"JOB DESCRIPTION" OF PRECEPTORS

The preceptor is the key agency person in the life of the student enrolled in the program.  The preceptor's primary function is to oversee the student's application of relevant theory to agency work and help the student to use his/her experience in human services to better understand what is taught in the classroom.  In addition, the preceptor is advocate, negotiator, mentor, friend, and counselor to the student.

Preceptors help students initially settle into the program.  They may be instrumental in helping students to reorganize their work and family schedules to make room for their academic responsibilities.

Each preceptor-student relationship is unique; its structure and style are determined by the student’s needs, and by the skills and time limitations of the preceptor.  PLEASE NOTE: STUDENTS MAY NOT USE SPOUSES OR RELATIVES AS PRECEPTORS.

Six Helping Roles

We have identified six helping roles which preceptors can perform with students.  Each preceptor should feel free to modify them, add to them, or delete any of them in terms of the total set of relationships established among preceptor, student, agency, and the MHS Program.

  1. Helping students plan and carry out tasks.  Launching out on a full-time graduate educational program in addition to professional and family responsibilities is a major life undertaking.  It can be done only by careful  planning, discipline and a follow-through at a level most students have not previously attained.  Students may need help in planning, time-organization,   stress-management, decision making, relinquishing some favorite but non- essential activities, making time for recreation and studying effectively.
  2. Providing a balanced perspective.  Students sometimes lose sight of the big picture of what they are doing and instead become embroiled in details and non-essentials.  Preceptors can help students restore their larger perspective since preceptors themselves have gone through the graduate educational process and because they can bring objectivity to the student’s perception of things.
  3. Providing encouragement.  Students understandably feel defeated at times and wonder whether the prize is worth the effort.  Their spouses, family, and friends may waiver in their support.  The preceptor is in an excellent position to give encouragement to the student.  Encouragement may, however, sometimes take the form of pushing the student into renewed effort as well as giving comfort and a listening ear.
  4. Providing academic feedback.  Preceptors should encourage students to give them copies of rough drafts of their papers and reports, as well as encourage  discussion of on-going class applications.  Your feedback can result in the student  doing better work, getting better grades and, therefore, maintaining high  motivation.  Thus, the preceptor becomes the student's personal critic, and, as such, is in an excellent position to gain insight into the student’s overall achievement.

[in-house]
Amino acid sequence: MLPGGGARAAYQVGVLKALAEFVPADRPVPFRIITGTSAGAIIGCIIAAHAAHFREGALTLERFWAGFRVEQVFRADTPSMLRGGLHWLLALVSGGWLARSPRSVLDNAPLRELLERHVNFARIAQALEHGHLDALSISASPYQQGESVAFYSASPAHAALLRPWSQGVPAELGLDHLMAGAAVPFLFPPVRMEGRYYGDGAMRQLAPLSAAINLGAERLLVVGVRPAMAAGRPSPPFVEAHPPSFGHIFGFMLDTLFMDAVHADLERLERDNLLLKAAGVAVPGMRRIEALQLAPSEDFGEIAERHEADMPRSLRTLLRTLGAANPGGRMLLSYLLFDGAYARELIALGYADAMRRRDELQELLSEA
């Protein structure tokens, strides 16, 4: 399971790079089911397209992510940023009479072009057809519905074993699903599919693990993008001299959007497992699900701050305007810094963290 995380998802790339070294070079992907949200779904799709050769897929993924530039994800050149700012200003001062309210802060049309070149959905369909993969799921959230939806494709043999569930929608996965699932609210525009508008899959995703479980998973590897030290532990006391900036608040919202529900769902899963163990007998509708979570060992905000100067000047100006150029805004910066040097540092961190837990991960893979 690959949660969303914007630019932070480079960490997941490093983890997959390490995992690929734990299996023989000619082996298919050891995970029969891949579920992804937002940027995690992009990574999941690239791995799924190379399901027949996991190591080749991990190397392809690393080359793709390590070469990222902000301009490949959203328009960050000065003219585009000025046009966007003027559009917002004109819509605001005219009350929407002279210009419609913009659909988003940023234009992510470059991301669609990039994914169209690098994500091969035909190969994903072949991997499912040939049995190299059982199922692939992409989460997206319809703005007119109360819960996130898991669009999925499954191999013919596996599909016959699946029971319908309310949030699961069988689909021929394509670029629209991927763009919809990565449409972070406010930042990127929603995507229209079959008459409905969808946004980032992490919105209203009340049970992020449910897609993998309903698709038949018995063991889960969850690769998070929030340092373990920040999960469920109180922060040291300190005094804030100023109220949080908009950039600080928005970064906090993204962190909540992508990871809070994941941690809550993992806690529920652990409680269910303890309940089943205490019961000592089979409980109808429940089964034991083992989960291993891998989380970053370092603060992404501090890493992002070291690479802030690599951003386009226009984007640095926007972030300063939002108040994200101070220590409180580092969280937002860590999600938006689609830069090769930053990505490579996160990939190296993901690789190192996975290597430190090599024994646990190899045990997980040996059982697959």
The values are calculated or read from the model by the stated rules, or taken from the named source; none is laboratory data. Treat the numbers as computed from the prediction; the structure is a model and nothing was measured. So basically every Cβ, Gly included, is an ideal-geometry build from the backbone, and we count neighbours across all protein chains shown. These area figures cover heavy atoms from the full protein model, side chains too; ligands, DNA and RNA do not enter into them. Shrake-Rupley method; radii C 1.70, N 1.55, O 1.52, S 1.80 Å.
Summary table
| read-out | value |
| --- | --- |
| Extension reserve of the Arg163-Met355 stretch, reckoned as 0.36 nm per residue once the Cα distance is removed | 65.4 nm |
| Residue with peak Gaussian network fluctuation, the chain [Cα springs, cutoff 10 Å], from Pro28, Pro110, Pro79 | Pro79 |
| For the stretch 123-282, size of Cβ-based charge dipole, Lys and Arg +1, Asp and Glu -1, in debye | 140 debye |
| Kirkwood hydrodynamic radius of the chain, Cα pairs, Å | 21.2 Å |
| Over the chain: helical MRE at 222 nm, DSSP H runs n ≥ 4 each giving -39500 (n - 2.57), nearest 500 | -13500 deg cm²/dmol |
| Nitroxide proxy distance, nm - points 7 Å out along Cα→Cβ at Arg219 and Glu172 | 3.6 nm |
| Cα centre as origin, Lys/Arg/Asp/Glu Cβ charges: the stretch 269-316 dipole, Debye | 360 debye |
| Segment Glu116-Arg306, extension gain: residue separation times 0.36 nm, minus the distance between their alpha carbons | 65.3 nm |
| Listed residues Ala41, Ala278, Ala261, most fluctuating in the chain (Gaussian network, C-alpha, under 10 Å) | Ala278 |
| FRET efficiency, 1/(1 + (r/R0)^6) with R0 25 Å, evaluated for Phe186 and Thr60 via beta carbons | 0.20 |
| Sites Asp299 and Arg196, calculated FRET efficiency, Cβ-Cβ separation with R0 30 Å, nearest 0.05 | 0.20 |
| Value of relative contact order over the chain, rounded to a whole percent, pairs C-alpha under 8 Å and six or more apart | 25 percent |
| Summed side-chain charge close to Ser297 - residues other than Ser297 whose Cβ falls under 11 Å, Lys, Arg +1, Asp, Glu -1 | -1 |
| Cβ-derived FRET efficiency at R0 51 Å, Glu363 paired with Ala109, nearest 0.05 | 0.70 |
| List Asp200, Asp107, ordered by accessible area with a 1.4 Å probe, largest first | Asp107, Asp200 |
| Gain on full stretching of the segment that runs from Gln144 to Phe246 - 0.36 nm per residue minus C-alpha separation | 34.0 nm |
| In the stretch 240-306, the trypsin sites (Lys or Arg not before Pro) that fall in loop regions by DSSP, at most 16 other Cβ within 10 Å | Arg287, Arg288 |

5. Evaluating the student’s work.  The MHS Program expects help from preceptors in evaluating such major student projects as the Portfolio, Learning Plan, Constructive Action Projects, and the Master's Project final thesis.  Because preceptors have a unique perspective on the student’s performance, their input is invaluable.  Procedures for evaluating the student are reviewed in detail by the Field Instructor as the various projects become due.
  6. Serving as an advocate.  An agency may sometimes fail to give students sufficient time for their studies and projects.  This may jeopardize the student's progress.  Often the academic program temporarily places overwhelming demands on a student.  In such cases, the preceptor may need to represent or intercede for the student before a supervisor and obtain a better set of educational conditions for the student.

Amount of Time Required for Precepting

As a rule of thumb, we recommend at least one hour per week on the average.  This may vary from student to student, and from semester to semester in the program.  In times of crisis or when students are under special pressure, they may require more attention.  When things are going smoothly, they may require less.

Becoming Involved 

It is important that the preceptor take the initiative to become involved in the student’s educational program to the point where they know their student’s needs, and how they can best help meet those needs.

Being Accessible

The main thing is being available by phone or by appointment to give your student assistance when it is needed.

Return to Table of Contents